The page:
Ian Gow

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SDLP leader John Hume and Sinn Féin president Gerry Adams in Belfast in 1998. Photograph: Frank Miller

Gerry Adams privately warned John Hume that he was “worried” the IRA were close to murdering Margaret Thatcher weeks after they had assassinated one o(...)

Former British cabinet minister Michael Portillo. File photograph: Eric Luke/The Irish Times

Last year while filming his new documentary about the War of Independence, former British defence secretary Michael Portillo found himself alone at th(...)

British prime minister Margaret Thatcher with taoiseach Charles Haughey on the steps of 10 Downing Street, London, in May 1980. Photograph: Keystone/Getty Images

It was not a high-profile year in Anglo-Irish relations. Everything seemed becalmed in 1989. Yet Charles Haughey was constantly being asked questions (...)

Conservative MP Ian Gow, who was killed in an IRA car bomb in 1990. Photograph: PA

Northern Ireland was at its “greatest moment of peril” because its political leaders were no match for the Dublin government, a close personal friend (...)

  Michael Havers - later to become Lord Havers - who served as attorney  general to Margaret Thatcher’s  Conservative government. Photograph: Keystone/Hulton Archive/Getty Images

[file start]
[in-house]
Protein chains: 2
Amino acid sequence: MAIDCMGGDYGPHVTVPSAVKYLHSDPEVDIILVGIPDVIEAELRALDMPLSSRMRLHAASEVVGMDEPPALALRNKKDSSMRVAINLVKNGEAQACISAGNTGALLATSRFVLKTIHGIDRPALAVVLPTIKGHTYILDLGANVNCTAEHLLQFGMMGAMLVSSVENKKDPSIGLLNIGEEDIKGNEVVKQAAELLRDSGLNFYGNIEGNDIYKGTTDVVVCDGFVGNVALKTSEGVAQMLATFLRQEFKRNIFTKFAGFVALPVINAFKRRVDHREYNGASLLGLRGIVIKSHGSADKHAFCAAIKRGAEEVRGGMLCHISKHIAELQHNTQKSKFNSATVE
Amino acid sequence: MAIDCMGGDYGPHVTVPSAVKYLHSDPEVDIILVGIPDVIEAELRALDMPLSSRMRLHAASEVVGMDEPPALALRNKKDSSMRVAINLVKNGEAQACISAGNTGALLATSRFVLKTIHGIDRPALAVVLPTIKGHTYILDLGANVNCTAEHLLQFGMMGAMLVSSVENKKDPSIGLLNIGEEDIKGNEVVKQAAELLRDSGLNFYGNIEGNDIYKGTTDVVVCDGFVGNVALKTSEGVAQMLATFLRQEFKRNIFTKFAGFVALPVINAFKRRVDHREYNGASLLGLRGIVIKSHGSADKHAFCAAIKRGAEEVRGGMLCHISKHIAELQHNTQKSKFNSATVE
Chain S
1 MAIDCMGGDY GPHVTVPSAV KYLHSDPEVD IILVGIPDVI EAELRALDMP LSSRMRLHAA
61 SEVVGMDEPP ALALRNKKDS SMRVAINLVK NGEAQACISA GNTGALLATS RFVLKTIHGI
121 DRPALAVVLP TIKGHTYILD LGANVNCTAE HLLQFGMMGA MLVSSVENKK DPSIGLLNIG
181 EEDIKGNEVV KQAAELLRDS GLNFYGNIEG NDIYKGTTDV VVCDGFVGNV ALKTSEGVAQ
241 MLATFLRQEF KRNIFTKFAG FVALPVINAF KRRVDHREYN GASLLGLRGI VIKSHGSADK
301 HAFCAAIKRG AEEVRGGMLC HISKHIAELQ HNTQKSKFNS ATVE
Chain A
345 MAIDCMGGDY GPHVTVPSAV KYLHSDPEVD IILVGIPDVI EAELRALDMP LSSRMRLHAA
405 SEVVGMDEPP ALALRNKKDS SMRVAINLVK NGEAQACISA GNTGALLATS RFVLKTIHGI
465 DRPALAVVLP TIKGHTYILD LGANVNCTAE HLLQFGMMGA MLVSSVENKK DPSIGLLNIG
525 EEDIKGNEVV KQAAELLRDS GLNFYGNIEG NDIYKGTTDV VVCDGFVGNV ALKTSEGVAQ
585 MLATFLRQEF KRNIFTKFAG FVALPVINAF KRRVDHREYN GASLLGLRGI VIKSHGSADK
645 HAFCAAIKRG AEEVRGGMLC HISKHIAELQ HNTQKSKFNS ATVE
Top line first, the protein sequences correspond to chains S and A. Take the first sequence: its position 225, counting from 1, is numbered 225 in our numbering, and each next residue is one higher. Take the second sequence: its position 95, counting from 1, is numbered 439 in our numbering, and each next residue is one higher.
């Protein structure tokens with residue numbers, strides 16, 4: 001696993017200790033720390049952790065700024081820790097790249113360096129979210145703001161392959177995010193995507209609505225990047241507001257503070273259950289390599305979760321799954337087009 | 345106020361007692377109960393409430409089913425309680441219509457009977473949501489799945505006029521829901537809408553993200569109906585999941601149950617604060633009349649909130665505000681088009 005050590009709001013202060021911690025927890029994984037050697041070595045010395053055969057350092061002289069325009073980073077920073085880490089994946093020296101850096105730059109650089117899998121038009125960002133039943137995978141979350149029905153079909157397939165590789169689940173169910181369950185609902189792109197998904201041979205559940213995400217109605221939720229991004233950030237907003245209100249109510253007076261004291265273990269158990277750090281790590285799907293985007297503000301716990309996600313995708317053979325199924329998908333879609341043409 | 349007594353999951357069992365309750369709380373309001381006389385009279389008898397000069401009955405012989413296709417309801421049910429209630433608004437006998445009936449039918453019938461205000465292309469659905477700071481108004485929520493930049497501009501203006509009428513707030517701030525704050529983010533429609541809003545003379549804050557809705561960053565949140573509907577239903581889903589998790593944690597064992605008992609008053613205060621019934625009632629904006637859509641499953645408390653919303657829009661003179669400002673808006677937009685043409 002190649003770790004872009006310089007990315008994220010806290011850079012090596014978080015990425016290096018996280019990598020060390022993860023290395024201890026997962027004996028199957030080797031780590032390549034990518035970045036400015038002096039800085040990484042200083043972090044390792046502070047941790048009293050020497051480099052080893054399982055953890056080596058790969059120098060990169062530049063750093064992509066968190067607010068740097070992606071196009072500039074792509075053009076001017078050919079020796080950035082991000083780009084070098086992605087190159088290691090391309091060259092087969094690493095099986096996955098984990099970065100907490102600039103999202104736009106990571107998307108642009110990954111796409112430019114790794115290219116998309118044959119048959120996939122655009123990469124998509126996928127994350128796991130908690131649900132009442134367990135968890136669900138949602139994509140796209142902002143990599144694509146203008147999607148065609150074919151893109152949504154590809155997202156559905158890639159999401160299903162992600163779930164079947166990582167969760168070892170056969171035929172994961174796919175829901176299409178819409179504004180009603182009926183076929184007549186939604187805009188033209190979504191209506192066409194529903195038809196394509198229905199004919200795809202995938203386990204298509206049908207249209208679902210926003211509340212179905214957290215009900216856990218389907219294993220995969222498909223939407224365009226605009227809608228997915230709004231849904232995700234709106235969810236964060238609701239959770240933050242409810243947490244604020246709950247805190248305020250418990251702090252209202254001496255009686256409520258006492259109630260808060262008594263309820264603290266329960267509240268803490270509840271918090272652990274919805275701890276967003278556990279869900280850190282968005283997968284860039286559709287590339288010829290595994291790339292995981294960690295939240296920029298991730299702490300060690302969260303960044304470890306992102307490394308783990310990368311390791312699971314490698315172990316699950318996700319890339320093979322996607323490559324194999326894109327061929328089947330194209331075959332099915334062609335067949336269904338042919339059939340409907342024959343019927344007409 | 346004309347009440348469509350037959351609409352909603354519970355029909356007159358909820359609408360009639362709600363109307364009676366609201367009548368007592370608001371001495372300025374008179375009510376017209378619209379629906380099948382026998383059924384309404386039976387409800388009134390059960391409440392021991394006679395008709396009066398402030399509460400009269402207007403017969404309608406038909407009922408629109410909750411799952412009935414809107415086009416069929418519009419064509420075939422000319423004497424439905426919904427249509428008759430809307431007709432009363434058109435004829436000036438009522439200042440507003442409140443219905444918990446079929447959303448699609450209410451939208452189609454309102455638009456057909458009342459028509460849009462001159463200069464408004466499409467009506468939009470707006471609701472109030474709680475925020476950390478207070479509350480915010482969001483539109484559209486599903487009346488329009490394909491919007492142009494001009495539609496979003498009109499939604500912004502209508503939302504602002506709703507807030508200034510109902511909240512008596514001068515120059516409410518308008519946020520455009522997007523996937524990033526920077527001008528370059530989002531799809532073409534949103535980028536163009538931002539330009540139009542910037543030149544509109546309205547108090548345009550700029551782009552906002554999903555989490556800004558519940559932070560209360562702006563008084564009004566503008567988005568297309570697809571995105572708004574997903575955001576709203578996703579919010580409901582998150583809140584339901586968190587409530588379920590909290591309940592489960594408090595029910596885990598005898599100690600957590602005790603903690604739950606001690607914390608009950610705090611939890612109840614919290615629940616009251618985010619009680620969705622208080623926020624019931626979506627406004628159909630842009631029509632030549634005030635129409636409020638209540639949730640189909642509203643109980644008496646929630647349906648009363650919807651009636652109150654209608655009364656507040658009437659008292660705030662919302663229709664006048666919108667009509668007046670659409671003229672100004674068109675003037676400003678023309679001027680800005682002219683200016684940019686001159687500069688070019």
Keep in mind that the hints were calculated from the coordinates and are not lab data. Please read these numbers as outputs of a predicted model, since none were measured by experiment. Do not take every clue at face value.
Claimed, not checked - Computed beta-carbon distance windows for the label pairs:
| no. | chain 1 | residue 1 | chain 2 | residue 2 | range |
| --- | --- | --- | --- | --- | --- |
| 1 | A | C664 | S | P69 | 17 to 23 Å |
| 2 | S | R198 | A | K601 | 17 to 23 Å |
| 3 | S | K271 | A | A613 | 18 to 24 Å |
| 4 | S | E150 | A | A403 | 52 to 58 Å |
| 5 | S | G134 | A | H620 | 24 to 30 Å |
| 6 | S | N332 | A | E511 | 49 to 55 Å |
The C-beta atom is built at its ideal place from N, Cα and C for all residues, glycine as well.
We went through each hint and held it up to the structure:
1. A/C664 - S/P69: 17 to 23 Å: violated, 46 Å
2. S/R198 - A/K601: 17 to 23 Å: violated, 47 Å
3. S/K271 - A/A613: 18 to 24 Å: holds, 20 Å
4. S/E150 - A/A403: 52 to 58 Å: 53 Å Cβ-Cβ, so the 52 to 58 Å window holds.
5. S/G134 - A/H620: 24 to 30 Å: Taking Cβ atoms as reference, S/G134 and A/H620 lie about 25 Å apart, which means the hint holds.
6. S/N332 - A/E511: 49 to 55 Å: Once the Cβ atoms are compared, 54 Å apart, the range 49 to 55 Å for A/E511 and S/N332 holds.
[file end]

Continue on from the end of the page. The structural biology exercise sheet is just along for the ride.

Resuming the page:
Margaret Thatcher’s chief legal adviser woke from heart surgery screaming “we must kill” Ian Paisley, newly-declassified files reveal. Documents mark(...)

Unionist leaders the Rev Ian Paisley and James Molyneaux. They were described respectively as a “bigot” and “inconsiderable” by the Conservative Party’s Lord Hailsham. Photograph: Peter Thursfield

During the negotiations which led to the historic Anglo-Irish Agreement signed by Garret FitzGerald and Margaret Thatcher at Hillsborough in November (...)

Ian Gow: maintained the agreement would “cause more bloodshed for no good return” and would prolong Ulster’s agony. Photograph: PA

The concerns of two leading Conservative politicians about the Anglo-Irish Agreement were conveyed to Irish diplomat Richard Ryan at a convivial dinn(...)

Peter Barry, left, then minister for foreign affairs, with Tom King, then Northern Ireland secretary, in Iveagh House, Dublin, 1986. Photograph: Tom Lawlor

Margaret Thatcher was complicated about Ireland. This was scarcely surprising. So many of her associations with Ireland had been negative: her falling(...)

Thomas Mair, who has been found guilty at the Old Bailey, London of the murder of the MP Jo Cox. There is little doubt that he regarded Cox as a “collaborator” against the white race.  One of the last searches he conducted on Birstall library computers was into people who had been executed as traitors. Photograph:  West Yorkshire Police/PA Wire

Reclusive, nervous and by his own account gripped by feelings of worthlessness, Thomas Mair struck his neighbours and many of his relatives as odd but(...)

 Court  artist sketch  of Thomas Mair,  who is accused of the  murder of Labour MP Jo Cox. Photograph: Elizabeth Cook/PA Wire

The Labour MP Jo Cox was shot three times and stabbed repeatedly in a preplanned murder with a political or ideological motive, the trial of the accus(...)

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